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Indigenous rights will not be placed under Canada's governance system: Sayers

Batchewana First Nation members to attend rally on Parliament Hill
20180214-Missing and Murdered Indigenous Women and Girls March-DT-10
Batchewana First Nation Chief Dean Sayers at a Memorial March for Missing and Murdered Indigenous Women and Girls at the Sault Ste. Marie Courthouse, Feb. 14, 2018. Darren Taylor/SooToday

Batchewana First Nation Chief Dean Sayers says the proposed Indigenous recognition of rights framework introduced by the federal government - on Valentine’s Day - will place inherent rights of Indigenous people under Canada’s constitution and undermine Indigenous nationhood.  

Sayers says that Batchewana First Nation leadership is providing transportation for its membership to attend a rally against the framework on Parliament Hill in Ottawa Dec. 4.

“Being relinquished to a court order of government by way of incorporation into Canada’s constitution is not aligned with our perspective of where our place is within the lands here we call Turtle Island,” said Sayers. “We cannot, and won’t, align ourselves with Canada’s attempts to place us under their discretion, under their governance system.”

The proposed legislative framework includes ten principles which will, the federal government claims, respect the Government of Canada’s relationship with Indigenous peoples.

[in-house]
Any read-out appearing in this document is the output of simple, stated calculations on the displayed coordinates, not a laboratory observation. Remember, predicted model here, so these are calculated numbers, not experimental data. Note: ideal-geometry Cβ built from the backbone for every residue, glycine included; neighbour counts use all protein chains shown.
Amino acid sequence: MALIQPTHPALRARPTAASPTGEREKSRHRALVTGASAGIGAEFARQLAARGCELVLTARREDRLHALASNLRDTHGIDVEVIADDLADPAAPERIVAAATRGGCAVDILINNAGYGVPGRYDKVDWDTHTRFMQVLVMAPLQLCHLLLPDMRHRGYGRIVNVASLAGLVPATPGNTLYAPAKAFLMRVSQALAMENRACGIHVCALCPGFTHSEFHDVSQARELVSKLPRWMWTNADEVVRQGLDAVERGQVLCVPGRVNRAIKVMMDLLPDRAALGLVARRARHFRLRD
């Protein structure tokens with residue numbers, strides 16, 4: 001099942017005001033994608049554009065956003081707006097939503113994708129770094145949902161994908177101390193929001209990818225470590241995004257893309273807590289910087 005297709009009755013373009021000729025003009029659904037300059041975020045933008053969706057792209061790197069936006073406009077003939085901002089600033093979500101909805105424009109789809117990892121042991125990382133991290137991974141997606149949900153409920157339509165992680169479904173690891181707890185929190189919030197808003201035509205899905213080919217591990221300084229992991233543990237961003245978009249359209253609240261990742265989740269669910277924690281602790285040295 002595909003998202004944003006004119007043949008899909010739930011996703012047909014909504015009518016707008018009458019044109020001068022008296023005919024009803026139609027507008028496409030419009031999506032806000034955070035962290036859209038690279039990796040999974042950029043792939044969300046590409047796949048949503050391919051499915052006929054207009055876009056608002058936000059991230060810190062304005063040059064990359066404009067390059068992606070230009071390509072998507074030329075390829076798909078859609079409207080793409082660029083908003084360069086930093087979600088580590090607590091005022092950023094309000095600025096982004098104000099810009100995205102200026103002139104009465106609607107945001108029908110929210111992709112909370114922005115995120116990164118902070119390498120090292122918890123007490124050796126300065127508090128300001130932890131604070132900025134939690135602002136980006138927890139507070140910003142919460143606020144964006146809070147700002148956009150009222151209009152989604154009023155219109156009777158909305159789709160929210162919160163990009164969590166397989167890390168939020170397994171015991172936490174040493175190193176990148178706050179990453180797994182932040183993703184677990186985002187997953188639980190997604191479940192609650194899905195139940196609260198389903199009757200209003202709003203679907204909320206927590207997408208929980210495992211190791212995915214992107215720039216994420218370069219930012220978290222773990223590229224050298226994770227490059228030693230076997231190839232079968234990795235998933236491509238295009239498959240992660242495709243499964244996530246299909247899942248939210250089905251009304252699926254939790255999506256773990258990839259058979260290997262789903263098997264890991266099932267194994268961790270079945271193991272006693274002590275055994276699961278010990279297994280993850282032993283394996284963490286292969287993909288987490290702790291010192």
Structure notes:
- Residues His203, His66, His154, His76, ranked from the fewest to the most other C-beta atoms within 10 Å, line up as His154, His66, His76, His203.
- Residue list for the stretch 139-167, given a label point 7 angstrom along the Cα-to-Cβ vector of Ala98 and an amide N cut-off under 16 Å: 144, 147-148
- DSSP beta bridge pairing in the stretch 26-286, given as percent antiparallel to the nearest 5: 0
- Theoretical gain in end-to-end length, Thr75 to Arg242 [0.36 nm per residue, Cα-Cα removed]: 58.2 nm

“There are ten principles that Canada has adopted, which are contrary to our nationhood’s rights, and we can’t support Canada’s ten principles - they’re not from us,” Sayers said. “They are about us, but they’re not from us.”

“We have to be conscious, and we have to be aware of what our own people’s aspirations are, and we can’t be accommodated by one national, federal fell swoop of legislation when there are all kinds of unique relationships that have sewn right across this country, even prior to Canada’s confederation in 1867.”

The Association of Iroquois and Allied Indians (AIAI) is now trying to spread the word about the Indigenous recognition of rights framework through its website,, in addition to organizing this week’s rally on Parliament Hill.

“They’re going to take our inherent rights that were given to us by the Creator when we were provided with this land as our place in the world, and what they’re going to do is somehow transfer that into Section 35 of the constitution, without having a constitutional conference,” said AIAI Deputy Grand Chief Gord Peters, speaking to SooToday from London, Ont. “It changes your rights - your inherent rights - to Section 35 rights, which means you don’t have any rights any longer.”

“They’ve basically taken us off the land with respect to our relationships.”

Peters says the relational message from the federal government is clear.

“For governments, it’s about certainty,” he said. “They want to be absolutely certain that when they do projects, when they want access to resources, we’re not in the way.”

For Sayers, the planned trip for Batchewana First Nation membership to the Dec. 4 rally is in line with his community’s history of defending Indigenous rights by way of peaceful protest.

“Through history, our people have always been involved and stood up in defence of Indigenous rights, and our leadership has recognized that once again,” said Sayers. “We’ve been to many rallies to support Indigenous governance and Indigenous rights, and this is no different.”

“This is something that can have - and will have - an effect on our people and our way of life and our nationhood.”

Batchewana First Nation members depart Monday morning for the rally against the rights framework.

James Hopkin

About the Author: James Hopkin

James Hopkin is a reporter for SooToday based in Sault Ste. Marie
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